In addition, if an employer receives the services but passes the costs to the pension fund then an equivalent amount of output VAT in respect of those amounts must be accounted for on the supply from the employer to the pension fund.

HMRC has made it clear that in its view specific investment costs cannot be general costs of the employer as they have a direct and immediate link to the supplies of the specific investments themselves. HMRC argues that these costs are therefore not VAT deductible for the employer.

However, HMRC has acknowledged that where investment-related services "go further than the management of investments" they may be general costs of the employer and may be incorporated into the price of the taxable supplies it makes. If so, VAT incurred on them may be recoverable.

Retrospective and future action

HMRC's new policy is effective from 3 February 2014, although there is a six-month transitional period during which pension funds and employers may still agree to a 70/30 split where the pension fund is invoiced for services.

AG opinion: management services for DC pension schemes are VAT exempt
Briefing on the Advocate General's opinion on the ATP PensionService case. More

HMRC has confirmed it will accept retrospective claims for overpaid VAT where both general management and investment management costs were invoiced to the employer. Such claims are subject to the normal four-year limitation period. Where a 70/30 split has been used in the past, care will be needed with regard to any VAT already claimed by the pension scheme as well as that claimed by the employer.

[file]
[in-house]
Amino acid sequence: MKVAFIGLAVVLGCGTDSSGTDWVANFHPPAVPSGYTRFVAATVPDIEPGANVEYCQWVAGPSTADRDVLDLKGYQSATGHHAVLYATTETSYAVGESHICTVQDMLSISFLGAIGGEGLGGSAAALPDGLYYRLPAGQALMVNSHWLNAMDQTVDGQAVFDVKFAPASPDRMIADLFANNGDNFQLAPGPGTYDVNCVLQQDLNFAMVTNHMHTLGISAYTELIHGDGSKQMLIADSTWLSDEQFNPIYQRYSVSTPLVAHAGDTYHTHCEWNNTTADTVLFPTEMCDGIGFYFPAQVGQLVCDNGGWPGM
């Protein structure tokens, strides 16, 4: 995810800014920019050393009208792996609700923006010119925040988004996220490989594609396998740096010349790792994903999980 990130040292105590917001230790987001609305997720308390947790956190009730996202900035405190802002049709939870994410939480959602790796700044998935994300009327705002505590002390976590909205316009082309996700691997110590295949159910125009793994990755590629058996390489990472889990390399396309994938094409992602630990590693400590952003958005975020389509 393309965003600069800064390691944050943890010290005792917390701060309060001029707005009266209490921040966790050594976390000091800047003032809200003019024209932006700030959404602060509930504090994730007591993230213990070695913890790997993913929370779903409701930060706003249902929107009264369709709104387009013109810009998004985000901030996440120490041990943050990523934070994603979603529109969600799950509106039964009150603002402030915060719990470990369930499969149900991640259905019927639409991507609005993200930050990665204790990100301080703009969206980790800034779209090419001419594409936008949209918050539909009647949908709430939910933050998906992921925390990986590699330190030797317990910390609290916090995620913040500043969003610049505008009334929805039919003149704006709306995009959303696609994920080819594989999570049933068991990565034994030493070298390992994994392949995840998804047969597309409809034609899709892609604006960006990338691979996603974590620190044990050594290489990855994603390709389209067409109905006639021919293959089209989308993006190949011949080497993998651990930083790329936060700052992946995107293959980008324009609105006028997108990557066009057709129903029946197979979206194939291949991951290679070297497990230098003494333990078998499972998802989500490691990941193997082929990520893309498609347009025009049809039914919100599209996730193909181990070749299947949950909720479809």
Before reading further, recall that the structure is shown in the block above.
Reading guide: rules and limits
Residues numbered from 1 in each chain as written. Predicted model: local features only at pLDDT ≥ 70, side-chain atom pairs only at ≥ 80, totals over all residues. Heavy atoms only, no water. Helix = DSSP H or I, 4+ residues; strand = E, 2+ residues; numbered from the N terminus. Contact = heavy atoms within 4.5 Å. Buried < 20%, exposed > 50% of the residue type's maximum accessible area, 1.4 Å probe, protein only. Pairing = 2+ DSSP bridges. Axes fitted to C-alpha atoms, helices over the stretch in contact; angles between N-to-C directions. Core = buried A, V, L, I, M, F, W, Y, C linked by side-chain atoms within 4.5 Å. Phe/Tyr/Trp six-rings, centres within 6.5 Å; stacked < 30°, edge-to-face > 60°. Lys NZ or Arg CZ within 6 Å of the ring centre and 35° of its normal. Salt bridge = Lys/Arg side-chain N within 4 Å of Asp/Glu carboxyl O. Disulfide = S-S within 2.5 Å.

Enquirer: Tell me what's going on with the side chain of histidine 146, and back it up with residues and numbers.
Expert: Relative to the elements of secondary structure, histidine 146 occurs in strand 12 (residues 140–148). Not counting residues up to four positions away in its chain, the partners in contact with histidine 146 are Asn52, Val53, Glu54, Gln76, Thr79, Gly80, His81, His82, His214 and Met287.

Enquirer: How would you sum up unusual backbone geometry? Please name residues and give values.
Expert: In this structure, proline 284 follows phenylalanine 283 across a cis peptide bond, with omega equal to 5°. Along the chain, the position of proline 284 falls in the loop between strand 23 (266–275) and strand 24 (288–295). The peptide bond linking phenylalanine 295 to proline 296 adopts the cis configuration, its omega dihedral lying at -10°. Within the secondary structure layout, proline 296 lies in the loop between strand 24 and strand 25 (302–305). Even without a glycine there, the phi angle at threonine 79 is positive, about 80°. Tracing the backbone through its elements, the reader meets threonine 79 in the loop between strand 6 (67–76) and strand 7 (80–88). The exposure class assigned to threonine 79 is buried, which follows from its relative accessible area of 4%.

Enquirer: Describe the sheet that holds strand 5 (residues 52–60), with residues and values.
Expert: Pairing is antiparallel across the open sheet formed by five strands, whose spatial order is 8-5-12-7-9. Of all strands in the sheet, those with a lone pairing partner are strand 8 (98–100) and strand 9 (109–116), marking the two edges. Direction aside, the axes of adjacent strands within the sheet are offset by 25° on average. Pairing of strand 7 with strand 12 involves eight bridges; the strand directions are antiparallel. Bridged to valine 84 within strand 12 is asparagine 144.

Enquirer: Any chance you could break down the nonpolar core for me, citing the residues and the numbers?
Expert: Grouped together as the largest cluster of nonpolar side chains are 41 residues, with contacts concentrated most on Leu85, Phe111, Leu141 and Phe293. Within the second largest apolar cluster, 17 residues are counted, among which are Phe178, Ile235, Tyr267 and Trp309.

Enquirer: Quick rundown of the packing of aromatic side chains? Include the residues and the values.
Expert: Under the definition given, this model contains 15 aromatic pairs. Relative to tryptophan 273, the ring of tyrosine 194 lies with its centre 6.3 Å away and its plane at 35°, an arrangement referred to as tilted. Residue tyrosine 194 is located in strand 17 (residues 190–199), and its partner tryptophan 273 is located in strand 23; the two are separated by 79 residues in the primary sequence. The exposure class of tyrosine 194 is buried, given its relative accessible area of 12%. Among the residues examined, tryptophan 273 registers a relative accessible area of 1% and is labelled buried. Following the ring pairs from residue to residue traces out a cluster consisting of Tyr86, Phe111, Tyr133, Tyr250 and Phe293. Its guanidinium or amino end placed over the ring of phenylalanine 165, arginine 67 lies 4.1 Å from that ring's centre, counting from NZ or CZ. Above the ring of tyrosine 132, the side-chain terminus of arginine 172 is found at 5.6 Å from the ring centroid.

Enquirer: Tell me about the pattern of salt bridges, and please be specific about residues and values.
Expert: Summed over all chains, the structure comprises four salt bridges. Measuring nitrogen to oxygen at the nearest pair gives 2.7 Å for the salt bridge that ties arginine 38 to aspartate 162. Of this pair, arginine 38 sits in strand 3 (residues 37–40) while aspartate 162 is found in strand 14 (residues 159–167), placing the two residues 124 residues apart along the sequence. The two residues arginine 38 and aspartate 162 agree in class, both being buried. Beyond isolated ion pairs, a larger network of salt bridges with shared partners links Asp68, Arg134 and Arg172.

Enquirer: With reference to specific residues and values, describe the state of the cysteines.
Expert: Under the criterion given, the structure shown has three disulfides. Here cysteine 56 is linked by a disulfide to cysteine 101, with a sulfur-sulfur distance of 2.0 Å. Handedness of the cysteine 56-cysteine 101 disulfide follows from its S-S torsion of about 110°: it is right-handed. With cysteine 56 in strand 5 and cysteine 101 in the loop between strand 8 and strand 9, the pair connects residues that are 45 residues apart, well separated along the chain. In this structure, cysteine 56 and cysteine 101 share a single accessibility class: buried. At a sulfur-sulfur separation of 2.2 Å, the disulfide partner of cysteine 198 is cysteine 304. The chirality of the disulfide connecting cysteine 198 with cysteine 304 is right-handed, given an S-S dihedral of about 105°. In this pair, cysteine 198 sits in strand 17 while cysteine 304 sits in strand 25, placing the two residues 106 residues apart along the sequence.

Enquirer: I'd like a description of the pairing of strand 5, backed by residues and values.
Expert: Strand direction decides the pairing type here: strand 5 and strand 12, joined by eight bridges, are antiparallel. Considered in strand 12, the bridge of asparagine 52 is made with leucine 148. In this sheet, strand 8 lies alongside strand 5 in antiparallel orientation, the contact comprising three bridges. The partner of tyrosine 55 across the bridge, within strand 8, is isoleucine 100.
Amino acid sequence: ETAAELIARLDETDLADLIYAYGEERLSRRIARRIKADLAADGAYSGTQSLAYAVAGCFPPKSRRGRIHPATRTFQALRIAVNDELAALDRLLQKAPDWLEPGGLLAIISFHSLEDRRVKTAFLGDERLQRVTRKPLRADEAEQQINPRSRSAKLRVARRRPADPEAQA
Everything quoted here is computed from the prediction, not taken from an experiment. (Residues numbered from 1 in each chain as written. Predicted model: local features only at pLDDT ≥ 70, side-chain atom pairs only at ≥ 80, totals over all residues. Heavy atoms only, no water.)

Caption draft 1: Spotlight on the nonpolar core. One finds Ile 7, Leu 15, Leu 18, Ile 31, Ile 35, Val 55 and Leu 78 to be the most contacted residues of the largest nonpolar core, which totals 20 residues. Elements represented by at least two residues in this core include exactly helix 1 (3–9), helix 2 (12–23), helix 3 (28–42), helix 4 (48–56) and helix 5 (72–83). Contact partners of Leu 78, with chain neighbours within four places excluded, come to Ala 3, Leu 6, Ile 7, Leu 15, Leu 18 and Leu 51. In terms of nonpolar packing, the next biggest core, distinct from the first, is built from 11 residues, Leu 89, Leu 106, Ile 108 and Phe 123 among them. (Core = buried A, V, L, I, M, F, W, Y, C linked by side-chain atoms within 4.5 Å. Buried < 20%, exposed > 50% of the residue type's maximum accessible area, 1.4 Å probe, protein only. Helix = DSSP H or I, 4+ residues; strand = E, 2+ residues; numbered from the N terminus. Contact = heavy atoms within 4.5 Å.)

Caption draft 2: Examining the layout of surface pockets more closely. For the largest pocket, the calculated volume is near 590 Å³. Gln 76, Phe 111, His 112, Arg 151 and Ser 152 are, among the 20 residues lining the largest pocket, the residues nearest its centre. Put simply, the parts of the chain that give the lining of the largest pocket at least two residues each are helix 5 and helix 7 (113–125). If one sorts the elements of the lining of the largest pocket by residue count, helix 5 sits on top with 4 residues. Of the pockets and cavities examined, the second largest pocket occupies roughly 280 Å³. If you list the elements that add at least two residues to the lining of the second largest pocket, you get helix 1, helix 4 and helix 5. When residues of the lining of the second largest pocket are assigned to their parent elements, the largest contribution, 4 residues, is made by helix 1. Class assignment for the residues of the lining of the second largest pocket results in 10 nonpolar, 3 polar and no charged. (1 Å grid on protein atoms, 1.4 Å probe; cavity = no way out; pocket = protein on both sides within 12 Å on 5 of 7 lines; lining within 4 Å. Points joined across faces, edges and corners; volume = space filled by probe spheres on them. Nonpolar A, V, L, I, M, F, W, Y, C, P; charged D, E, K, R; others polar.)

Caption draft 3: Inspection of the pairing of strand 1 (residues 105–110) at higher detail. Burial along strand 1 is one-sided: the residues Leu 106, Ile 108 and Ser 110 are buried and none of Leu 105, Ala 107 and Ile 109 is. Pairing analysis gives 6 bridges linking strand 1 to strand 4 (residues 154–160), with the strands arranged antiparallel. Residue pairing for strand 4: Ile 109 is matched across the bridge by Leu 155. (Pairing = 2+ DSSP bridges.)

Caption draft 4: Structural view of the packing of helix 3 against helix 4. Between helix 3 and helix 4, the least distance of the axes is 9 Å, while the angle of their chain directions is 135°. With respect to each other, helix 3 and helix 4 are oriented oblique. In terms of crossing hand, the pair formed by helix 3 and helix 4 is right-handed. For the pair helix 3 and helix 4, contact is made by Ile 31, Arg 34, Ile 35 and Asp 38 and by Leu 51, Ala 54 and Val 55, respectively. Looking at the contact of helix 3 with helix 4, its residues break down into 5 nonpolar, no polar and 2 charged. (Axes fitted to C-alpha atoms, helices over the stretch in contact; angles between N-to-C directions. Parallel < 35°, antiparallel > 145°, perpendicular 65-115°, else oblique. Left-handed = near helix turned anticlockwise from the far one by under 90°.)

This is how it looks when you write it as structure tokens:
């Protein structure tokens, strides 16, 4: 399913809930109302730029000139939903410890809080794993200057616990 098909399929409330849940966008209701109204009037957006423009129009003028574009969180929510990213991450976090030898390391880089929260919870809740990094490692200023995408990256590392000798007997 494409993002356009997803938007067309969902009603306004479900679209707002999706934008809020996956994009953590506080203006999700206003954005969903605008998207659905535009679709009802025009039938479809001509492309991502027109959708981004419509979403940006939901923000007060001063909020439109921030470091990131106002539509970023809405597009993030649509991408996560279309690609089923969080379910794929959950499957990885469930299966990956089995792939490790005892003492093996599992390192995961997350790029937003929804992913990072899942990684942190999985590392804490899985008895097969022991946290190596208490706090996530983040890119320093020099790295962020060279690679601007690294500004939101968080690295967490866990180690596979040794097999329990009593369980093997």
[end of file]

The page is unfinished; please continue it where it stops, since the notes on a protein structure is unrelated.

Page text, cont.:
In its briefing HMRC notes that the CJEU's decision is still pending in regard to the ATP PensionService case which has raised questions regarding the issue of VAT paid on investment management services under defined contribution (DC) schemes. HMRC warns that if the court holds that VAT should not have been charged on such services then it will take "appropriate steps" in the future to recover any VAT deducted that was incorrectly charged.


HMRC has confirmed that it will update its VAT Notice 700/17 shortly to reflect these changes and this may provide further explanation as to what effect this policy change will have in practice. It may also provide some useful examples to illustrate circumstances which will or will not result in investment costs being VAT deductible.

In the meantime, employers should consider whether they are entitled to reclaim any VAT paid in relation to their pension schemes following this policy change and, if so, should get their claims in as soon as possible.

Since the ability of employers to reclaim VAT on investment management services now clearly depends on whether the services are supplied directly to the employers and whether they are provided separately or alongside other management services, employers may also need to give some thought to how the investment management services for their pension schemes are organised.

This briefing is unlikely to be the last word on the recovery of input tax on pension schemes. HMRC has arguably taken a very narrow interpretation of PPG and a number of employers are already restructuring their arrangements to achieve total recovery. Whether they or HMRC are correct will doubtless be decided in the courts.

The content of this article is intended to provide a general guide to the subject matter. Specialist advice should be sought about your specific circumstances.